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Friday, March 22, 2019  Spokane, Washington  Est. May 19, 1883
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Gardening: Potted plants need mix of science and art

My husband’s Mother’s Day gift to me was to just turn me loose in the garden to play. I had a great time planting my deck pots. Yes, I know I’m taking a chance on a frost but that is what tarps are for.

Planting good looking summer containers is a mixture of art and science with a little gambling thrown in for excitement. The science part involves using the right size container, good-quality potting soil and an efficient watering system.

Size matters when it comes to providing enough space for plant roots and keeping the soil cool. It also depends on the space you have for the containers. Generally, the larger the container, the better the growing space for your plants. Heavily planted pots will have lots of roots that must be kept happy through the summer. Small containers sitting in the sun all day can heat up enough to cook the roots and kill the plant. In general, 18- to 24-inch diameter pots work the best. The exception is if you are placing the pots on an apartment balcony or some other unreinforced roof or deck. Wet soil is heavy and when several wet, heavy pots are in such a space, there is the potential for a collapse.

Ordinary garden soil should never be used in containers. It becomes brick-hard and can contain a lot of weed seed and diseases. Use a quality potting soil instead. Large bags of soil are available at most garden centers, and it will take about one bag to fill an 18- to 24-inch pot. Most potting soils are a mix of compost, peat or coir fiber with vermiculite or perlite added to improve drainage.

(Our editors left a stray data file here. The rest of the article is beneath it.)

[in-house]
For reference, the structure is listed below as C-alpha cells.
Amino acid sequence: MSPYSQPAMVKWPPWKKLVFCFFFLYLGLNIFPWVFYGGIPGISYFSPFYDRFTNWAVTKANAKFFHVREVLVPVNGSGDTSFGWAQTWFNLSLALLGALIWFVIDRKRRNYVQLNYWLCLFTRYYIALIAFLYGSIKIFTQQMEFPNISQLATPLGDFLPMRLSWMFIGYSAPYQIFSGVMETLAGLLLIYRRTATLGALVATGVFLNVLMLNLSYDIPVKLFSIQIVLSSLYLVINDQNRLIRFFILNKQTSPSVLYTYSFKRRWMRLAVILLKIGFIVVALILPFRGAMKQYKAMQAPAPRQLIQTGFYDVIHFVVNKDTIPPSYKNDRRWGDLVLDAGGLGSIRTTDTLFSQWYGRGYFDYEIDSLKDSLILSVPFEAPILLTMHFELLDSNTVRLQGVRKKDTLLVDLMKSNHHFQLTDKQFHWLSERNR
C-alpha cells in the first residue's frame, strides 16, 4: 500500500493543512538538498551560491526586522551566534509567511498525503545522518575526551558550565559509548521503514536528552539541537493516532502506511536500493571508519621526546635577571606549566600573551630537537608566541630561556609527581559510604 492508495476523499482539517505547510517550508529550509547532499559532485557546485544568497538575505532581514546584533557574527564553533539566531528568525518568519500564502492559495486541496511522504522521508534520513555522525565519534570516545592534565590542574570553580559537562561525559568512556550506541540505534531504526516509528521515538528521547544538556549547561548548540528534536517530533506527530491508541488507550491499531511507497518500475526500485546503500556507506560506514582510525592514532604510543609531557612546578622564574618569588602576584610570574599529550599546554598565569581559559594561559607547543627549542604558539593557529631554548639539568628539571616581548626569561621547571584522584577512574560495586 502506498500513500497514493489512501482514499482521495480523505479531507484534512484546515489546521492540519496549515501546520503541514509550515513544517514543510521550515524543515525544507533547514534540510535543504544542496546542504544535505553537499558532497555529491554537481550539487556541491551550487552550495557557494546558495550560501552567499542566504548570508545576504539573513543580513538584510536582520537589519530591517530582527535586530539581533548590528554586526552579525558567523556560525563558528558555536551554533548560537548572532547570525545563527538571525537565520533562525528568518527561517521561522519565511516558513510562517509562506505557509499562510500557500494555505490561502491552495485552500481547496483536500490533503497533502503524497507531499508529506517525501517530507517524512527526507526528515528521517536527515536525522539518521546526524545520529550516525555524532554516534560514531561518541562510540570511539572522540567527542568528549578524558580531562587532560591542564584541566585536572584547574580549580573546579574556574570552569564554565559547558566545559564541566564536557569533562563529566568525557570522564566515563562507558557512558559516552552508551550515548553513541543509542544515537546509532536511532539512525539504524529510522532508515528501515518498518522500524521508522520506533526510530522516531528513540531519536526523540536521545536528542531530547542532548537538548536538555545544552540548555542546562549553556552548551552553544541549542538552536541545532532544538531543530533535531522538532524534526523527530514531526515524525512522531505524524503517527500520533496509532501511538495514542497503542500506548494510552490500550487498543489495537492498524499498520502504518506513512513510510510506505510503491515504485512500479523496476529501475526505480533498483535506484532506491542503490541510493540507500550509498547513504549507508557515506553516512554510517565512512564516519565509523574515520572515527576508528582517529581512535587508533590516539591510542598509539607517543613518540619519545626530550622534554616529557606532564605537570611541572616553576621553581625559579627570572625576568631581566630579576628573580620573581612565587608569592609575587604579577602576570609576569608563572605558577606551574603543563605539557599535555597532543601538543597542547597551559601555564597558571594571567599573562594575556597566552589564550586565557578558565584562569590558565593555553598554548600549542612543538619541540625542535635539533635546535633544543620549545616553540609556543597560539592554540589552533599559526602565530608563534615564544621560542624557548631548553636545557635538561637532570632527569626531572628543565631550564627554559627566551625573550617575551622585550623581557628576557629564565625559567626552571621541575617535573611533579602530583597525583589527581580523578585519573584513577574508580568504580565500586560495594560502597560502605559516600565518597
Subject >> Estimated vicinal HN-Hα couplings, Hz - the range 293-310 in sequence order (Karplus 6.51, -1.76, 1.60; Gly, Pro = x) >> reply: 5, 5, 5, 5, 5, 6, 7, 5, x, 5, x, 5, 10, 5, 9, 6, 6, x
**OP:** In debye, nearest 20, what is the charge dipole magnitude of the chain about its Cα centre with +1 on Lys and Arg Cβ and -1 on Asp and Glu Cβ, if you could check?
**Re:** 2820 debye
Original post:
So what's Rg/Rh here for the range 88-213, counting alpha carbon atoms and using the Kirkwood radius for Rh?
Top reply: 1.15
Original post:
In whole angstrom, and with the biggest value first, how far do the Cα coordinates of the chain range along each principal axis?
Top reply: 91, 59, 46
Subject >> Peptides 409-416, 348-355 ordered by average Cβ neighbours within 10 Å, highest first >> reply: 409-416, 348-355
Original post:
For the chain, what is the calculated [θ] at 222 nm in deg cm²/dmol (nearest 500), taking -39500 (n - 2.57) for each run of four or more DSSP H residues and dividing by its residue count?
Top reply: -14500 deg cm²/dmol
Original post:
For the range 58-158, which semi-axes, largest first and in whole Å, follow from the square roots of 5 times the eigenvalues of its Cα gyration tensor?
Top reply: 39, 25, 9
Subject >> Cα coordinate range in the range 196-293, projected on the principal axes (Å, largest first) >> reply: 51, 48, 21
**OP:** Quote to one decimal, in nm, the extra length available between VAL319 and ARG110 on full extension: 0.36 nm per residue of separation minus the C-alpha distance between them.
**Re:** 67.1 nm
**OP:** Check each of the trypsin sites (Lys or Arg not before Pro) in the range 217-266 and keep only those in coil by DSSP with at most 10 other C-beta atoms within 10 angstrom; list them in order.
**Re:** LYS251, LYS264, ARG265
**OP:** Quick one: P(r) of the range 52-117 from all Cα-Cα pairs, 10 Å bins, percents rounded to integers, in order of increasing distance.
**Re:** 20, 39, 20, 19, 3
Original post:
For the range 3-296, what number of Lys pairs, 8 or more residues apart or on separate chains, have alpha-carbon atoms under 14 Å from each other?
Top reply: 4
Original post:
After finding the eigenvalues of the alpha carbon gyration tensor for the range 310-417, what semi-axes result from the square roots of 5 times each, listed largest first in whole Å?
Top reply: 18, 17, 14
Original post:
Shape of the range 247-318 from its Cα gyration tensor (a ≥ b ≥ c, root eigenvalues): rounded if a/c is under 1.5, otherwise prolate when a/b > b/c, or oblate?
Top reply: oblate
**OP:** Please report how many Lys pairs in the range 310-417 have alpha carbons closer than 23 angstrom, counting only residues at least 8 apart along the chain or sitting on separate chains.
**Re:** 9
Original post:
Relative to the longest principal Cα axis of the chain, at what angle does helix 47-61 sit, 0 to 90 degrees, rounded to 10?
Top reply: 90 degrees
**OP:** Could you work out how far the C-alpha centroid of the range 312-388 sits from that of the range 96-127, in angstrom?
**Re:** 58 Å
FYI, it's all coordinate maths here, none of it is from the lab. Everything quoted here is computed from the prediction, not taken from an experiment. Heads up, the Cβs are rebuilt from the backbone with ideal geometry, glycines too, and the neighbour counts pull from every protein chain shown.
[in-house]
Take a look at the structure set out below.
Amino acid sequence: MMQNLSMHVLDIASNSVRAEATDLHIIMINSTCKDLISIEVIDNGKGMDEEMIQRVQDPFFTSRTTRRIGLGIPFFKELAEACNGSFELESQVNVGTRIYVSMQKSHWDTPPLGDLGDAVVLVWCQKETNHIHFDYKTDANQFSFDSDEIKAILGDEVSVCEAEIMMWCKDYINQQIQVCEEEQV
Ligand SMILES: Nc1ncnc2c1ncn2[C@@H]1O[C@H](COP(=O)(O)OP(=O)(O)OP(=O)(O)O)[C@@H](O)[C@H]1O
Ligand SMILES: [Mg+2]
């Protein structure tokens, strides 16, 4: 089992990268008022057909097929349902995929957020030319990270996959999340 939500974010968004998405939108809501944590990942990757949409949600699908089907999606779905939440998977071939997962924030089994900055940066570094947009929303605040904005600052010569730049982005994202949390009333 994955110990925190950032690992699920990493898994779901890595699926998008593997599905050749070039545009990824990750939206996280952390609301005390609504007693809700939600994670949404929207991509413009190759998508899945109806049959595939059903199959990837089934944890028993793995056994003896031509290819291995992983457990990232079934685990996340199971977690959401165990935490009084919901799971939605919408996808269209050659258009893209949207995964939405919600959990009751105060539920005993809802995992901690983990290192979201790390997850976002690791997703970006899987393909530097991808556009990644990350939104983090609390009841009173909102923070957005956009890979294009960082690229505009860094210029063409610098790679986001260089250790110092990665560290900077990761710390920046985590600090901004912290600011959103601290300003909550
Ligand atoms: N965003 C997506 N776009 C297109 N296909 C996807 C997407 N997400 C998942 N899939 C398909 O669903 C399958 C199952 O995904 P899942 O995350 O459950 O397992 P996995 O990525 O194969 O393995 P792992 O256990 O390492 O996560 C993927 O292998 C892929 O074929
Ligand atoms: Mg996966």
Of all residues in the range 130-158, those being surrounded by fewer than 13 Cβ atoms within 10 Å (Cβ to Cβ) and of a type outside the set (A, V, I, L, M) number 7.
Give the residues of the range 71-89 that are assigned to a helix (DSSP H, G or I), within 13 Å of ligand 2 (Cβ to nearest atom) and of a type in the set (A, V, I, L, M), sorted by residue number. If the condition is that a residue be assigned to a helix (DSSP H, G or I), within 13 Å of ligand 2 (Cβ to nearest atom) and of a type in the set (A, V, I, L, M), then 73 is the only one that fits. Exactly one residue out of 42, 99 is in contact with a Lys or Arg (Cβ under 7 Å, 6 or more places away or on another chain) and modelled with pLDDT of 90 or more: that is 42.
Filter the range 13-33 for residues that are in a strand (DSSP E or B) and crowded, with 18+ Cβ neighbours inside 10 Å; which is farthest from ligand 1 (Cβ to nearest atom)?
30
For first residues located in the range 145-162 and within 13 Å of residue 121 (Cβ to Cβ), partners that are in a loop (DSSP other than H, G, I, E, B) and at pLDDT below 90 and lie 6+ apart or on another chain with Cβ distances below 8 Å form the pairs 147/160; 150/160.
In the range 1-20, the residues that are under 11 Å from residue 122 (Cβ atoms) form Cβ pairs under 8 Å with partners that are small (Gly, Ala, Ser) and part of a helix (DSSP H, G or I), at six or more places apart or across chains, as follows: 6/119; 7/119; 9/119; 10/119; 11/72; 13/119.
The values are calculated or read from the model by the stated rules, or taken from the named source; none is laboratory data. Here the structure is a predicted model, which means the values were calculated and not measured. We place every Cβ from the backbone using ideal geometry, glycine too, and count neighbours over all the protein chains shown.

Be careful when purchasing mixes that are high in peat. In our hot, dry climate, peat dries out quickly and is very difficult to re-wet once it’s dry. It is not necessary to put fresh soil in your pots every year. Just mix in a few inches of new soil in each year and then mix in a half-cup of a low nitrogen fertilizer to perk up the nutrients in the mix.

Keeping containers watered can be a real challenge, especially when temperatures reach 90 degrees and above and the air is at 15 percent humidity in July and August. Small containers may need to be watered a couple of times a day. This can be a challenge if you work or want to take a vacation. Relying on the neighbor kid to water doesn’t always work well.

In the past few years there has been an explosion of inexpensive drip irrigation systems that can be set on battery powered timers that will water at whatever interval you need. I use a system that has heads set one to a container that spray a two-foot pattern. It comes on for 15 minutes early in the morning every other day. The kit cost me under $50 and the timer was about $30 from Lee Valley Tools;

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